30.09.01, Reading, UK.
Kevin Dixon, email@example.com
And so I reach the final curtain. My last show of the tour and unlike the first show in Heidelberg, it’s raining. Having spent a few hours with Mostly
Autumn in the afternoon, I took my seat to watch their always wonderful support slot.
They ended their short set and introduced Albert, who also did a short set featuring an assortment of renaissance instruments. For the last song of his set,
he was joined on stage by Chris, Candice, Squire Malcolm and Ritchie. A pleasant suprise for those who gave the support bands a chance.
Tonight, the set follows the familiar pattern, it is however the different adaptations put on the songs that makes them different. Shadow has a delicate
solo spot, during which Ritchie controls the band with hand signals. Cue-ing them in with a nod of the head, the song finished. One of the longest versions I can recall. Minstrel Hall, is
again preceded by an acoustic intro of incredible guitar.
However when 16th Century Greensleeves starts up, it quickly is obvious that Ritchie is really in the mood tonight. I am amazed that he can just turn out
solos like this. From out of nowhere comes an aggressive beast of a solo, only for Ritchie to calm it down halfway through and play delicate notes again, before building to a climax.
Soldier of Fortune struggles to follow, and it takes Bach Haus to pick things up again. If we thought the solo in Greensleeves was good, then nothing could have prepared us for the solo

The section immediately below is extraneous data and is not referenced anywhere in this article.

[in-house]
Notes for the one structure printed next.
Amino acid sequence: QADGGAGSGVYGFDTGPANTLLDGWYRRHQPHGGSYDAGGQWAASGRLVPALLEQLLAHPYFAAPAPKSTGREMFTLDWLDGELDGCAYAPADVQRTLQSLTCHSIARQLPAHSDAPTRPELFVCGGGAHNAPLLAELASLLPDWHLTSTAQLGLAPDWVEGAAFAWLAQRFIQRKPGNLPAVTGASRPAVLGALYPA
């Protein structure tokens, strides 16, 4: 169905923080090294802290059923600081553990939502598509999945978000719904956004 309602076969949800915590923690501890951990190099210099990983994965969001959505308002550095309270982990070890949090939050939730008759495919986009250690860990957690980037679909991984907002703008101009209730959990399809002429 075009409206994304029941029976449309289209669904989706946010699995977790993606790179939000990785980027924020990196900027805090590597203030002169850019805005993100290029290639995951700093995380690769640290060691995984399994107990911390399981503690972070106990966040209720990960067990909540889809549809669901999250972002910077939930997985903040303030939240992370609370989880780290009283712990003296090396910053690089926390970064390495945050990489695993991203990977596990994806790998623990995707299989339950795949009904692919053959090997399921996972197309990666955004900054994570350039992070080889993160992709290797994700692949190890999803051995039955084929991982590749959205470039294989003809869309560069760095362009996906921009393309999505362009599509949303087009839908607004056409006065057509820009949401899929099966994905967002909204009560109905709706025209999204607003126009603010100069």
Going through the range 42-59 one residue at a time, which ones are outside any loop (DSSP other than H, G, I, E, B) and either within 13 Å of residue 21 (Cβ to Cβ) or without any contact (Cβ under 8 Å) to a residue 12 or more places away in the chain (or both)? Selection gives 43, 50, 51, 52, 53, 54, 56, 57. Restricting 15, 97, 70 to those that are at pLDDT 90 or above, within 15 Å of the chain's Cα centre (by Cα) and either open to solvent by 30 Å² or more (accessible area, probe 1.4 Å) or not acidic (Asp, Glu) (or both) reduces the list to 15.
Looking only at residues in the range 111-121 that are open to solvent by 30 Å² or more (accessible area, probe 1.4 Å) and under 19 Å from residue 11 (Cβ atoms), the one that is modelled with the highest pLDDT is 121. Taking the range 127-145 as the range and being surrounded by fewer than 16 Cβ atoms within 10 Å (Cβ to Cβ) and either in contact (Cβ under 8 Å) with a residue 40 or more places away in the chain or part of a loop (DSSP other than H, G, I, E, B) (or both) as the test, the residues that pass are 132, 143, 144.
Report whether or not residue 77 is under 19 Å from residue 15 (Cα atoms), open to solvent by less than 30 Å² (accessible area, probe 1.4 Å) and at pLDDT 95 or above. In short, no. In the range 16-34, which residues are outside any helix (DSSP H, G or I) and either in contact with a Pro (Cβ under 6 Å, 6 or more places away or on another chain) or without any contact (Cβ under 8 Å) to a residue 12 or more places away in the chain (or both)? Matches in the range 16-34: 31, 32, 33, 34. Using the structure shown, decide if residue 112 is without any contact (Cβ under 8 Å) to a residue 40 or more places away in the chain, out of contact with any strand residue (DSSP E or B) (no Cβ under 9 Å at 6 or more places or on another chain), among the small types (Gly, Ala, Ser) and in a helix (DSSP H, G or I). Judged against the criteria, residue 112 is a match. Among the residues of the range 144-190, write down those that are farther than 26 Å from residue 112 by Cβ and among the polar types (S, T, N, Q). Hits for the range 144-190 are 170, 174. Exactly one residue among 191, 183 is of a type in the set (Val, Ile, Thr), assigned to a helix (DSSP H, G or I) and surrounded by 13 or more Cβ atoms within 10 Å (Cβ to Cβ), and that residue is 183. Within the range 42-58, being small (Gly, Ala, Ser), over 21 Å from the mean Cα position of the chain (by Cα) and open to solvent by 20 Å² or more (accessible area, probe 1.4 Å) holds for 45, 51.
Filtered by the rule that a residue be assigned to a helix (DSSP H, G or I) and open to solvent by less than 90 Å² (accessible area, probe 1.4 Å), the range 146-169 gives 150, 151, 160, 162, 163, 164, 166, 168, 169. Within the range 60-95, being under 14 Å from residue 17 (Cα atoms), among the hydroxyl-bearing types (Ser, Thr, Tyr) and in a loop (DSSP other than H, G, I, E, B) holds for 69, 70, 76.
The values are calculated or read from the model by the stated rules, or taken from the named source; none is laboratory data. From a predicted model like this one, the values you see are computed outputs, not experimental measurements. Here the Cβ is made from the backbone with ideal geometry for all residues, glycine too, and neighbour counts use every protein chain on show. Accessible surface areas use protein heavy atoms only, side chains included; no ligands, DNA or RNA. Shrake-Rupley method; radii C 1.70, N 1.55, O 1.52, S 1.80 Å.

This really was a work of genius. On previous nights he had been building and constructing the solo piece by piece, always exploring ideas. This time it all
came together, this time everything just clicked into place. Starting with a short duet with Chris, Ritchie then adopted the Catch the Rainbow approach again. Wonderful melodies, that
quickly built upon each other, slowly evolving into the Anya approach, with the band joining in towards the end. The audience at the end of the song is on its feet, awesome stuff.
Somehow Mid Winters Night manages to survive the aftermath, and emerge as yet another superb song. Storm, is back in the set again. By now the gig has a
momentum of it’s own, with the band feeding off the audience's response.
Ritchie, on the black strat is really hitting top form by now. Vita at one point just stared with awe at the man. And the only thing that can spoil it all
Tonight however, things are different. Ritchie just keeps playing, a 40 minute encore. Gone with the Wind, goes on and on and on. Sir Robert at one point
cues the band into a key change and Ritchie just changes key and continues the solo. Hanging Tree is stunning in its beauty. Ritchie strips back the backing to just his guitar at one
point, enhancing the haunting vocal delivery.
Following that he starts up Self Portrait, and Candice sings the first verse, sadly the rest of the band look lost, so the song is cut short. Writing on the
Wall, sees Vita join Candice at the front of the stage. Ritchie unleashes another monster of a solo, truly spectacular.
They finish off with Now and Then. The show clocked in at about 170 minutes, easily the best show in the UK, it was a fine way to say farewell to the band.
A great send off. WWW . DEEP-PURPLE . RU